const LANGUAGES = ['Js', 'Ruby', 'Python', 'Go'];
LANGUAGES = "Javascript"; // shows error.

LANGUAGES.push('Java'); // Works fine.
console.log(LANGUAGES); // ['Js', 'Ruby', 'Python', 'Go', 'Java']

Const example explained

  • The variable LANGUAGES can not be changed
  • However, what LANGUAGES points to, if it is mutable can change

Why use let and const?

  • Cleaner understanding of the lifespan of a variable
  • Reduce coding mistakes by ensuring variables that shouldn't change does not

Arrow Functions

  • There is a new way of defining functions
  • There are a few reasons for this (and that's actually a pun, but you can look that up to figure it out)
  • This new way of writing function also helps with clearly defining scope

Arrow Functions Example

function oldOne(name) {
	console.log("Hello " + name);


// New Syntax
let newOne = (name) => {
	console.log("Hello " + name);


What did that do?

  • The parameters are named in the parenthesies outside the name of the function
  • Note how you assign a variable to a function (and can use let for scope)

Default Parameters

  • Convenient ability to assign parameters to a function a value if not specified by the caller

Default Parameter Example

let Func = (a, b = 10) => {
	return a + b;
console.log(Func(20)); // 20 + 10 = 30

console.log(Func(20, 50)); // 20 + 50 = 70

let NotWorkingFunction = (a = 10, b) => {
	return a + b;
console.log(NotWorkingFunction(20)); // NAN. Not gonna work.

What did that do?

  • The function Func sets a default value to the second parameter
  • You can pass the second parameter or leave it blank
  • However order matters. You can't define a default parameter and then the next parameter does not have a default value


  • Very nice way of looping through a list of elements
  • No need to figure out index parameters and value conditions


let arr = [2,3,4,1];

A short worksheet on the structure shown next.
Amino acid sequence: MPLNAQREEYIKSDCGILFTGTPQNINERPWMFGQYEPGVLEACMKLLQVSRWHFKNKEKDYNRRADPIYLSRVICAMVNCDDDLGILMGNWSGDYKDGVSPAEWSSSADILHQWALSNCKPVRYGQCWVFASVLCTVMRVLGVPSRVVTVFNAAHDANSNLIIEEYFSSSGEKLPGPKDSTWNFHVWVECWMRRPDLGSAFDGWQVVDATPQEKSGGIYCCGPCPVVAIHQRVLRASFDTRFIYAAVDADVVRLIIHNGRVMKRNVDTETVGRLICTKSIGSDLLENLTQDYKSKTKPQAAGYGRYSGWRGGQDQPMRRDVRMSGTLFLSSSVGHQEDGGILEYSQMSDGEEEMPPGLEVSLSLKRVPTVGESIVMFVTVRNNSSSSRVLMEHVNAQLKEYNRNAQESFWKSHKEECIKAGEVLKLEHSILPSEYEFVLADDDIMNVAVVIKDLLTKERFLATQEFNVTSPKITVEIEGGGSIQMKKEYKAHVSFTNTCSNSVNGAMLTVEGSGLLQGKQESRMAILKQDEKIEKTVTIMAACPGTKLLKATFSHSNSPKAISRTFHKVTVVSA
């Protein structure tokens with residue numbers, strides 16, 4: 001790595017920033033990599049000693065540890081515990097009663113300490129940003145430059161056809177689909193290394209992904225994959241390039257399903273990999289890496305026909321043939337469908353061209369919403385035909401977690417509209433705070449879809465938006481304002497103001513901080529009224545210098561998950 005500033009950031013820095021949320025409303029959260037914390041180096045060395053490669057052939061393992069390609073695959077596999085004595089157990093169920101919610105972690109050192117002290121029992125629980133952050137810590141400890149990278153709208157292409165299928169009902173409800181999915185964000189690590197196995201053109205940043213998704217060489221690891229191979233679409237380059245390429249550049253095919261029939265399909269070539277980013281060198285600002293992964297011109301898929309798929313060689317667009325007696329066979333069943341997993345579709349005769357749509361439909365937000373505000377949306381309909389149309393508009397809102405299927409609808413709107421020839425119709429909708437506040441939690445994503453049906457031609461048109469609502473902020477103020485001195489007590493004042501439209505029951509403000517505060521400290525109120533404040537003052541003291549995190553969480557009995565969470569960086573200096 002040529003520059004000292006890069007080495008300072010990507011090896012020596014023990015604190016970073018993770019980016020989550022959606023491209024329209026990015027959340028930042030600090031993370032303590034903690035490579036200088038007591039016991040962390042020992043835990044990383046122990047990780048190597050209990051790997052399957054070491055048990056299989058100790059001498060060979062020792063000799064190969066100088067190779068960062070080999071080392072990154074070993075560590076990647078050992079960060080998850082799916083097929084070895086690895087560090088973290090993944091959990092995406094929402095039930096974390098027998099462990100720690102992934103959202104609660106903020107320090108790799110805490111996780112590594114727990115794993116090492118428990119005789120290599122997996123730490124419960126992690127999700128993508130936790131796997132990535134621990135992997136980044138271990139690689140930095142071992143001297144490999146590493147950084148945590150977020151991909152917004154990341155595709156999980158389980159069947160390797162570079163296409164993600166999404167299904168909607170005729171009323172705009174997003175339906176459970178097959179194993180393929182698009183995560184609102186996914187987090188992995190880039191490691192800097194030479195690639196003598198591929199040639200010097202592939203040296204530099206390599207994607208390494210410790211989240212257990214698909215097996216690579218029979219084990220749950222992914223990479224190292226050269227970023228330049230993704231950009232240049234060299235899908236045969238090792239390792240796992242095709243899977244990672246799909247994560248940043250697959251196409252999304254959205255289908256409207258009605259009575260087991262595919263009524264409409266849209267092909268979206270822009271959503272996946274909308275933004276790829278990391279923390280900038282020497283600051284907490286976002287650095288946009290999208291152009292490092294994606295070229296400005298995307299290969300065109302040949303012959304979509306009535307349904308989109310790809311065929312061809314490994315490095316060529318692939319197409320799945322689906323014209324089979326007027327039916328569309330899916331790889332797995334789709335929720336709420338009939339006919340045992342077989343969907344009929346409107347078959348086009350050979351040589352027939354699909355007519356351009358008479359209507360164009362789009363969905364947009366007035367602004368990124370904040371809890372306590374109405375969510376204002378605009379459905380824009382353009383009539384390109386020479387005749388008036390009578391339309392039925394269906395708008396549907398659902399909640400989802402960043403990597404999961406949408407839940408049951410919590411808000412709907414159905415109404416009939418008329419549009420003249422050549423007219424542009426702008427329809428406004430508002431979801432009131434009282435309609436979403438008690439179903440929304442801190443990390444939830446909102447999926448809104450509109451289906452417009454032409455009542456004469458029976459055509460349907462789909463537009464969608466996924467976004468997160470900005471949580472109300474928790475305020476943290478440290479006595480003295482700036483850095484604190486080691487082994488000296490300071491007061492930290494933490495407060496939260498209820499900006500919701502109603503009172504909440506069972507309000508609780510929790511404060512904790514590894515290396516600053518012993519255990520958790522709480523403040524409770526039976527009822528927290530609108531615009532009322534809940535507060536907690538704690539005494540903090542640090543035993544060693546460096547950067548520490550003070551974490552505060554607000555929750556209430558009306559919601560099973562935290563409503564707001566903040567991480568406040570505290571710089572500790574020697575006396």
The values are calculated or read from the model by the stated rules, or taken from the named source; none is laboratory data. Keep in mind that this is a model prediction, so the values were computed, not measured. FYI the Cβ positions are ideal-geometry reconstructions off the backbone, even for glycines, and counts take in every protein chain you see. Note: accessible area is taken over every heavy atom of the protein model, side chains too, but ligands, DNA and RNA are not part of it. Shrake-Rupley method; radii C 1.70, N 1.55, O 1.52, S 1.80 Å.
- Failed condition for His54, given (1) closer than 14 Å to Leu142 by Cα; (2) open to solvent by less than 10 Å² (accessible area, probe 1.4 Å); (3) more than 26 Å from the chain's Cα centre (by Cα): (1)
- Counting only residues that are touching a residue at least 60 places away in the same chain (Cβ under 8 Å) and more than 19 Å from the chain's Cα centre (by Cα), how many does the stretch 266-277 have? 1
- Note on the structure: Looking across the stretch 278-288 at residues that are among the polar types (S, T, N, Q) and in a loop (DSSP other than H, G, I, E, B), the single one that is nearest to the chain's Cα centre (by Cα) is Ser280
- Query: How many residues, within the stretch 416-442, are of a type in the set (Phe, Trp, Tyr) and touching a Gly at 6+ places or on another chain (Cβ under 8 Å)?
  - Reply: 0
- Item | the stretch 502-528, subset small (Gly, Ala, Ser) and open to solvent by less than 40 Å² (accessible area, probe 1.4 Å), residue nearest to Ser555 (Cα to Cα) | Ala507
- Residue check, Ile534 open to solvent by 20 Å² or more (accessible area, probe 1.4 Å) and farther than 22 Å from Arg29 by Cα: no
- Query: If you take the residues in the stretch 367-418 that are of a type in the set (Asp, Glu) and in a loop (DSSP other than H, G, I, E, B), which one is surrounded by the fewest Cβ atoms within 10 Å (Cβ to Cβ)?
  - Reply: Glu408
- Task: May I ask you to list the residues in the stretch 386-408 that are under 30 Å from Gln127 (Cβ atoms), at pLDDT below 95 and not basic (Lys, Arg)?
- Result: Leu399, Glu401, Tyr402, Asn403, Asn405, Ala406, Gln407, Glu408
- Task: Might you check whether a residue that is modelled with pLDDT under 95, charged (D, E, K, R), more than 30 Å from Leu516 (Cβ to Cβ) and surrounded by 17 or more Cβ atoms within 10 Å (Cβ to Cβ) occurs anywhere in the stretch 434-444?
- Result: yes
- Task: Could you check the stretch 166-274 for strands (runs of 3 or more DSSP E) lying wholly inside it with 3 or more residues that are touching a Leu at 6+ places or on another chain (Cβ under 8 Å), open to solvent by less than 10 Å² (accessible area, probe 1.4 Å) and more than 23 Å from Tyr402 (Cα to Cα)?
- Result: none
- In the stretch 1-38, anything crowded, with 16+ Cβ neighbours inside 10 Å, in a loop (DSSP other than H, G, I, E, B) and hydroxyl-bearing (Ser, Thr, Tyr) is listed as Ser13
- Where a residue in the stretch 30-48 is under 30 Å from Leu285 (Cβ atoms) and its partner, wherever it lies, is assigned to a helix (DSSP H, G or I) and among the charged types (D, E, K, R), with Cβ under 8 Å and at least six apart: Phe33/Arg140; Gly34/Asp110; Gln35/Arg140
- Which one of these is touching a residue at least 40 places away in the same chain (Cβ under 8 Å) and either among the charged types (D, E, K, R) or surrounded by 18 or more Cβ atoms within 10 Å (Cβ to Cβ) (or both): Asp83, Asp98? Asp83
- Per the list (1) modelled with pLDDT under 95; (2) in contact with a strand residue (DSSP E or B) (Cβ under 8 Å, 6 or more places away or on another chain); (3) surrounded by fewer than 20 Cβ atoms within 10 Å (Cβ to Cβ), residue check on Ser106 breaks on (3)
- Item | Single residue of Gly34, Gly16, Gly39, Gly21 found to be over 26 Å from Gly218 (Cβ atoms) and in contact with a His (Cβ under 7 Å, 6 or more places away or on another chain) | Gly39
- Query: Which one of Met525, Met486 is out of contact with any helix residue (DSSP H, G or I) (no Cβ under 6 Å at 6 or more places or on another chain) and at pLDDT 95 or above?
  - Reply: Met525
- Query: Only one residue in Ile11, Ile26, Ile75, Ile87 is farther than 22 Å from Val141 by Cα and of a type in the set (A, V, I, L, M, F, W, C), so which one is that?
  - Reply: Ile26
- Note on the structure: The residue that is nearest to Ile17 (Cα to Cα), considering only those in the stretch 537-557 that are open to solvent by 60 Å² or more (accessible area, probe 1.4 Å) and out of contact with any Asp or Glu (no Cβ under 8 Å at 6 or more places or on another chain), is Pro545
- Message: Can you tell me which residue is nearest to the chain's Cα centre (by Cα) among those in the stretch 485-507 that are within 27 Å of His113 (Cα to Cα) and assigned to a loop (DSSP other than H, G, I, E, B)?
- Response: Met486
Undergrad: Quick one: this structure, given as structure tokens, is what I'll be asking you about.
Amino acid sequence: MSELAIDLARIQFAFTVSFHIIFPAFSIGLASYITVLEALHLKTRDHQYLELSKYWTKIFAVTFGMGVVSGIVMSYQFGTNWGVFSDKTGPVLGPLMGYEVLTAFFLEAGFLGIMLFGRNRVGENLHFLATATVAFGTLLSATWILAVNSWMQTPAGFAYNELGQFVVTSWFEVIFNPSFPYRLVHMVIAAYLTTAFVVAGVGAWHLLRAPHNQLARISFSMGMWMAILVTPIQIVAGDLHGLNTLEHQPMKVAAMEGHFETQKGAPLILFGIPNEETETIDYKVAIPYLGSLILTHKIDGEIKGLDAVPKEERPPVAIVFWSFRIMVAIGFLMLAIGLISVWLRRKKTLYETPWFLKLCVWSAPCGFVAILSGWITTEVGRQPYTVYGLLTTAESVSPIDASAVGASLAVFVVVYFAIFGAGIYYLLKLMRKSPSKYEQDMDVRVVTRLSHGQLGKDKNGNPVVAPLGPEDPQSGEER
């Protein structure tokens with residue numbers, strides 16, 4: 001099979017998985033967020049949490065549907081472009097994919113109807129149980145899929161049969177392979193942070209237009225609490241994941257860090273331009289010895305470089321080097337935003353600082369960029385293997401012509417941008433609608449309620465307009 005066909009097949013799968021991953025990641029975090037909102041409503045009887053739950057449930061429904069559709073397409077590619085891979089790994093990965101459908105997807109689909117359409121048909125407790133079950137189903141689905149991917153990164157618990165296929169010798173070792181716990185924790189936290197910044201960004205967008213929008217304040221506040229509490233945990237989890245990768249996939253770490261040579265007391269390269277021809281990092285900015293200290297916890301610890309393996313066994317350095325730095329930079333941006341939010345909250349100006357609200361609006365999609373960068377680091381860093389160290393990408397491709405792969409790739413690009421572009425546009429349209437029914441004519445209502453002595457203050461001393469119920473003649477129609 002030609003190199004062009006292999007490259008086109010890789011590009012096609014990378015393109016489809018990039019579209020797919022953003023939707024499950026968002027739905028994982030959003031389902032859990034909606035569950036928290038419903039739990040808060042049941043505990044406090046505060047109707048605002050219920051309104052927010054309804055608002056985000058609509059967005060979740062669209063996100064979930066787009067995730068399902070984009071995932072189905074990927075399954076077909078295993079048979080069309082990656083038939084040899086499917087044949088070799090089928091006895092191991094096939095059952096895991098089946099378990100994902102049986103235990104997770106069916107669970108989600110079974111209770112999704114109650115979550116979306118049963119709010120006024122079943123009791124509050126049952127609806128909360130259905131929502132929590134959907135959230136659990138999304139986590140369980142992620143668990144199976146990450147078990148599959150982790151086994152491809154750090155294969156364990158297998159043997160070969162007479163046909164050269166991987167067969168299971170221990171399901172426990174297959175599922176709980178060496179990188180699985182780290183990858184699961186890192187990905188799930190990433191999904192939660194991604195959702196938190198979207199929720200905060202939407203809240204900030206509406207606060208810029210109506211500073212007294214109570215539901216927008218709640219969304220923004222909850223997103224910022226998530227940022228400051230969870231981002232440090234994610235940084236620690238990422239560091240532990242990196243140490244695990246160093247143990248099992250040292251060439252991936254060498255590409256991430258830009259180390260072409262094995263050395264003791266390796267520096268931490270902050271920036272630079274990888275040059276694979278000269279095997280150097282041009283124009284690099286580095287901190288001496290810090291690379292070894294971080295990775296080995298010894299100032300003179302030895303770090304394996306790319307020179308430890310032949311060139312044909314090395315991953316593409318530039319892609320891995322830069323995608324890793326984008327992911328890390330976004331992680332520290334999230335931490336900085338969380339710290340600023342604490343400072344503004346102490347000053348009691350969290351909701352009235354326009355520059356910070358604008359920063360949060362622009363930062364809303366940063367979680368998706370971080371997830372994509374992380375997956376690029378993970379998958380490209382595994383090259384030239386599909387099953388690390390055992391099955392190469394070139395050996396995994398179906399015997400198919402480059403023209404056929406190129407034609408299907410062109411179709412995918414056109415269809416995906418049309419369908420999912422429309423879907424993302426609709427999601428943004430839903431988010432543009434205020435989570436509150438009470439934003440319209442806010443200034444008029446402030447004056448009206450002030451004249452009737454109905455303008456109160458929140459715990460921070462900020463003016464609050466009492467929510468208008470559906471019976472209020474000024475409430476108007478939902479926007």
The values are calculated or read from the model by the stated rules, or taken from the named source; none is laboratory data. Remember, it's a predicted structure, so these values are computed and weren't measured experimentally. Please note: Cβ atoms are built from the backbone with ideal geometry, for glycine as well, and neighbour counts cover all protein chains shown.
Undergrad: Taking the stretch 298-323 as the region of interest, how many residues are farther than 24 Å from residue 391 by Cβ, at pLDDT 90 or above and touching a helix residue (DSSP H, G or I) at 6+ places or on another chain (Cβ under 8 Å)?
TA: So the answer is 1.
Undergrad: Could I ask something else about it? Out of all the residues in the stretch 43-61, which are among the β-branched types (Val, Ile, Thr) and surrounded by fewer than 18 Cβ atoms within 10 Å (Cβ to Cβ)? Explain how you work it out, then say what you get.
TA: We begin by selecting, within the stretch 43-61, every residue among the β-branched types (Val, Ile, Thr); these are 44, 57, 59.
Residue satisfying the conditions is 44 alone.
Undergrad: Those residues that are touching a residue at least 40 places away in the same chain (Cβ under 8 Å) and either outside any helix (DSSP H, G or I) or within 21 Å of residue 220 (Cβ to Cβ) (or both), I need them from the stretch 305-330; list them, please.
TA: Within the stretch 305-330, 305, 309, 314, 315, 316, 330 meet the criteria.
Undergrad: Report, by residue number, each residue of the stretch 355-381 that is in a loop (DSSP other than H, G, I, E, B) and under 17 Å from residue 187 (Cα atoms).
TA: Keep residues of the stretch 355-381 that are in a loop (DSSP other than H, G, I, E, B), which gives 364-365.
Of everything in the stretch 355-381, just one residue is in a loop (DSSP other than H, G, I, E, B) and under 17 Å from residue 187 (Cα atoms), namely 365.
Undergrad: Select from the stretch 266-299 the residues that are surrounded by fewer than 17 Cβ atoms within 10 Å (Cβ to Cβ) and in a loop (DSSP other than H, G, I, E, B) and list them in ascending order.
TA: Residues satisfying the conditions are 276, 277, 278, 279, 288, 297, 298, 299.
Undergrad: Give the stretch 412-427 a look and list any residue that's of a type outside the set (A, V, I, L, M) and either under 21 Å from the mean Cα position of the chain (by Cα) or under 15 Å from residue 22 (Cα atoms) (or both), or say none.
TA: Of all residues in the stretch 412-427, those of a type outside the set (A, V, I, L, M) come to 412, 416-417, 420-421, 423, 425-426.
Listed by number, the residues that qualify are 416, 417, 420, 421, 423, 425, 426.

for (let value of arr) {

For...loop explained

  • The variable 'value' is assigned each element of that array once
  • Note you do not have access to the index while using this construct

Spread Attributes

  • Ability to define a function with a variable number of parameters
  • You do not have to pass an array in order to have a variable number of parameters


let SumElements = (...arr) => {
	console.log(arr); // [10, 20, 40, 60, 90]

	let sum = 0;
	for (let element of arr) {
	sum += element;

SumElements(10, 20, 40, 60, 90);
SumElements(10, 20, 90);

What did that do?

  • You can pass a variable number of parameters
  • Those parameters are avaiable as an array inside the function

Template Literals

  • Template literals makes adding variables to your strings much easier
  • Many Languages (like Python and Ruby) has this built into the langauge

Template Literals Example

let name = "Jon Snow";
let msg = `My name is ${name}`;

Destructing Objects and Arrays

  • Let’s just get into an example

Destructing Objects Example

let person = {firstName: "Jon", lastName: "Snow", age: 23}
const {firstName, age} = person


Destructing Arrays Example

let arr = [1,2,3,4,5,6]
let [a,b,,d,e] = arr


What did that do?

  • You can do the same thing with arrays
  • Order of the array that is the result of destructuring matters
  • You can skip what you don't want by leaving that position blank